Respondent argues, and the plurality and the dissent agree, that the proper interest rate must also reflect the risk of nonpayment. But the statute contains no such requirement. The statute only requires the valuation of the “property to be distributed,” not the valuation of the plan (i.e., the promise to make the payments itself). Thus, in order for a plan to satisfy §1325(a)(5)(B)(ii), the plan need only propose an interest rate that will compensate a creditor for the fact that if he had received the property immediately rather than at a future date, he could have immediately made use of the property. In most, if not all, cases, where the plan proposes simply a stream of cash payments, the appropriate risk-free rate should suffice.
Respondent here would certainly be acutely aware of any risk of default inherent in a Chapter 13 plan, but it is nonsensical to speak of a debtor’s risk of default being inherent in the value of “property” unless that property is a promise or a debt. Suppose, for instance, that it is currently time A, the property to be distributed is a house, and it will be distributed at time B. Although market conditions might cause the value of the house to fluctuate between time A and time B, the fluctuating value of the house itself has nothing to do with the risk that the debtor will not deliver the house at time B. The value of the house, then, can be and is determined entirely without any reference to any possibility that a promise to transfer the house would not be honored. So too, then, with cash: the value of the cash can be and is determined without any inclusion of any risk that the debtor will fail to transfer the cash at the appropriate time.
The dissent might be correct that the use of the prime rate,[Footnote 2] even with a small risk adjustment, “will systematically undercompensate secured creditors for the true risks of default.” Post, at 1.[Footnote 3] This systematic undercompensation might seem problematic as a matter of policy. But, it raises no problem as a matter of statutory interpretation. Thus, although there is always some risk of nonpayment when A promises to repay a debt to B through a stream of payments over time rather than through an immediate lump sum payment, §1325(a)(5)(B)(ii) does not take this risk into account.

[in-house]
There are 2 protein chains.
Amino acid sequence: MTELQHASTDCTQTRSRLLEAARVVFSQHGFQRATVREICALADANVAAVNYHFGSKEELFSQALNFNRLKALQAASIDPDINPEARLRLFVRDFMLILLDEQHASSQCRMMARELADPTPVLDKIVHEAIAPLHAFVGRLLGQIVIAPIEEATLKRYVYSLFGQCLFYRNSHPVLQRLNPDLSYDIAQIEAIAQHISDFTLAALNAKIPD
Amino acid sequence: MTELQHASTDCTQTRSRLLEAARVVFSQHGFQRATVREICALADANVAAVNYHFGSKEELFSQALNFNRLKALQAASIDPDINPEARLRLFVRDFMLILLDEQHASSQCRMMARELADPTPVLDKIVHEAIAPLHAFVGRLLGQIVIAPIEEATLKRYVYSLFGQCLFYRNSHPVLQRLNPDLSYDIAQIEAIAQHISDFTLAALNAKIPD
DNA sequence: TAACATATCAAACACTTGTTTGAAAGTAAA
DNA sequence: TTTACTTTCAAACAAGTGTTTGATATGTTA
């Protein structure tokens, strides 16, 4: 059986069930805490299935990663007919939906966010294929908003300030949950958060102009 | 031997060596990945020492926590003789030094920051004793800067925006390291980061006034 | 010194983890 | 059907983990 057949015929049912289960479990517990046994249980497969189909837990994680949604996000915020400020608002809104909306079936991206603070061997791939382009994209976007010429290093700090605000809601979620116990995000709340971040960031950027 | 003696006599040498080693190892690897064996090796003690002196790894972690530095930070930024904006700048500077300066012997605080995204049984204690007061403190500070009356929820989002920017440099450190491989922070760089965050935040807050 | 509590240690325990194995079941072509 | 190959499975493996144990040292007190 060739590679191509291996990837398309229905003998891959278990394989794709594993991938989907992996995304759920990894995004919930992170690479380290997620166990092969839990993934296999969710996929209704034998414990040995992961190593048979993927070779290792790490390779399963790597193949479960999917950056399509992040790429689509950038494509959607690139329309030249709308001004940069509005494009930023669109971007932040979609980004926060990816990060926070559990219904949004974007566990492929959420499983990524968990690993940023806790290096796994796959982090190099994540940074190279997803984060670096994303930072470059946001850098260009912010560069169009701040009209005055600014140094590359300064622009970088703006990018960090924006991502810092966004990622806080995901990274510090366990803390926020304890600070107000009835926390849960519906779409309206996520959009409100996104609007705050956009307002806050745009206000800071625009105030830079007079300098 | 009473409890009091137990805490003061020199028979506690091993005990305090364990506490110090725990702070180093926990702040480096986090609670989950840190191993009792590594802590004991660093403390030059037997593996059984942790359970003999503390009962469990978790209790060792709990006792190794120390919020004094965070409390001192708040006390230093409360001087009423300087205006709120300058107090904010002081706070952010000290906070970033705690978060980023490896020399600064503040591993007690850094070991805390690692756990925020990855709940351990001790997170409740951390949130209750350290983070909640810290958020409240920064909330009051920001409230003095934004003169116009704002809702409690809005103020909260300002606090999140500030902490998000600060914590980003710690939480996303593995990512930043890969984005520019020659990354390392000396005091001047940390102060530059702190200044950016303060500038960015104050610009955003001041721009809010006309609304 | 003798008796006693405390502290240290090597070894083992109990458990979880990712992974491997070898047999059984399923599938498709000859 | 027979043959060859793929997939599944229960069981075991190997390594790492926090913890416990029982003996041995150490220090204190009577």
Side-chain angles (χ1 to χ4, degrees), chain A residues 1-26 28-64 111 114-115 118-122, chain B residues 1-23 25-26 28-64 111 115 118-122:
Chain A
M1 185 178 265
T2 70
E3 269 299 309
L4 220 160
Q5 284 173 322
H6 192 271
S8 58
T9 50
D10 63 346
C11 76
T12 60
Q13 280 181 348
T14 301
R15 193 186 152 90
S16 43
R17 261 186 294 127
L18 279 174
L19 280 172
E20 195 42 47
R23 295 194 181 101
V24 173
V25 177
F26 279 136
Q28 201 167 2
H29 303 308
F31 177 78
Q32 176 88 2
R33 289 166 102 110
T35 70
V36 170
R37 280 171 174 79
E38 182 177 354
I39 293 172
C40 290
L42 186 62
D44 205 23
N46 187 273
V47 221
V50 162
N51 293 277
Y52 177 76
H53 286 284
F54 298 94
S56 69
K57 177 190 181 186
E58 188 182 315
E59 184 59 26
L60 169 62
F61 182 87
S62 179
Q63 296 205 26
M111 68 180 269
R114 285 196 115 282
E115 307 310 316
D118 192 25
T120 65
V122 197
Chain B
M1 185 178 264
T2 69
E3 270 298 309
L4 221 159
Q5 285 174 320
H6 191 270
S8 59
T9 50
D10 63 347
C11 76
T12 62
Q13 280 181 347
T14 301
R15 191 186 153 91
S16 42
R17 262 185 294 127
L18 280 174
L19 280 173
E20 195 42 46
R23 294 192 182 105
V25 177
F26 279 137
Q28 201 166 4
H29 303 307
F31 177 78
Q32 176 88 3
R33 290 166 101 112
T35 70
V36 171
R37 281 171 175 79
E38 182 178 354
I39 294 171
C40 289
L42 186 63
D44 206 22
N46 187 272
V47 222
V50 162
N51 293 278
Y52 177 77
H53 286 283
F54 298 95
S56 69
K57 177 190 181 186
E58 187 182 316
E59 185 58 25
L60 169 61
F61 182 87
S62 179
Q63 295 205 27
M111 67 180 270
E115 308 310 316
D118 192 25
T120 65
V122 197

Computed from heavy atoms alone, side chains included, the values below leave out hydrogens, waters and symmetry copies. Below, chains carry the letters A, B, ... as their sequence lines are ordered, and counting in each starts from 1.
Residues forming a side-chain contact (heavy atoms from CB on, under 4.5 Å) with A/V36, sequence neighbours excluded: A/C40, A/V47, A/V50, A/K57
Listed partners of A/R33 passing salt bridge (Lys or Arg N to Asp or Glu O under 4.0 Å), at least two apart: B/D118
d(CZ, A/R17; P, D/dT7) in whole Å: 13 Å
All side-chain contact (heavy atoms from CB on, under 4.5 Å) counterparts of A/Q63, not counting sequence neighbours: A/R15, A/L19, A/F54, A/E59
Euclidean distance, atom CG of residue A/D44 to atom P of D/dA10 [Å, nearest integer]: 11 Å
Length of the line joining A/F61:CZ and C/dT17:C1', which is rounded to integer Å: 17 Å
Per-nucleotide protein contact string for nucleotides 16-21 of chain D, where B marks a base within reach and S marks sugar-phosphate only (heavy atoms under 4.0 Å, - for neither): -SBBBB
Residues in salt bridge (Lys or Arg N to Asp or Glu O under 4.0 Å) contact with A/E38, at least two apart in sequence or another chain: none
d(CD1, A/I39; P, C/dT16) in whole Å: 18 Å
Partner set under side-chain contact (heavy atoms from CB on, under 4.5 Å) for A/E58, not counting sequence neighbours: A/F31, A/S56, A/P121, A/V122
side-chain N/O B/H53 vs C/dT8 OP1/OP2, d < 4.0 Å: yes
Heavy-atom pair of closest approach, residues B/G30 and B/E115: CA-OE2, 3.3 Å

This is not to say that a debtor’s risk of nonpayment can never be a factor in determining the value of the property to be distributed. Although “property” is not defined in the Bankruptcy Code, nothing in §1325 suggests that “property” is limited to cash. Rather, “ ‘property’ can be cash, notes, stock, personal property or real property; in short, anything of value.” 7 Collier on Bankruptcy ¶ ;1129.03[b][i], p. 1129–44 (15th ed. 2003) (discussing Chapter 11’s cram down provision). And if the “property to be distributed” under a Chapter 13 plan is a note (i.e., a promise to pay), for instance, the value of that note necessarily includes the risk that the debtor will not make good on that promise. Still, accounting for the risk of nonpayment in that case is not equivalent to reading a risk adjustment requirement into the statute, as in the case of a note, the risk of nonpayment is part of the value of the note itself.
Respondent argues that “Congress crafted the requirements of section 1325(a)(5)(B)(ii) for the protection of creditors, not debtors,” and thus that the relevant interest rate must account for the true risks and costs associated with a Chapter 13 debtor’s promise of future payment. Brief for Respondent 24 (citing Johnson v. Home State Bank, 501 U. S. 78, 87–88 (1991)). In addition to ignoring the plain language of the statute, which requires no such risk adjustment, respondent overlooks the fact that secured creditors are already compensated in part for the risk of nonpayment through the valuation of the secured claim. In Associates Commercial Corp. v. Rash, 520 U. S. 953 (1997), we utilized a secured-creditor-friendly replacement-value standard rather than the lower foreclosure-value standard for valuing secured claims when a debtor has exercised Chapter 13’s cram down option. We did so because the statute at issue in that case reflected Congress’ recognition that “[i]f a debtor keeps the property and continues to use it, the creditor obtains at once neither the property nor its value and is exposed to double risks: The debtor may again default and the property may deteriorate from extended use.” Id., at 962.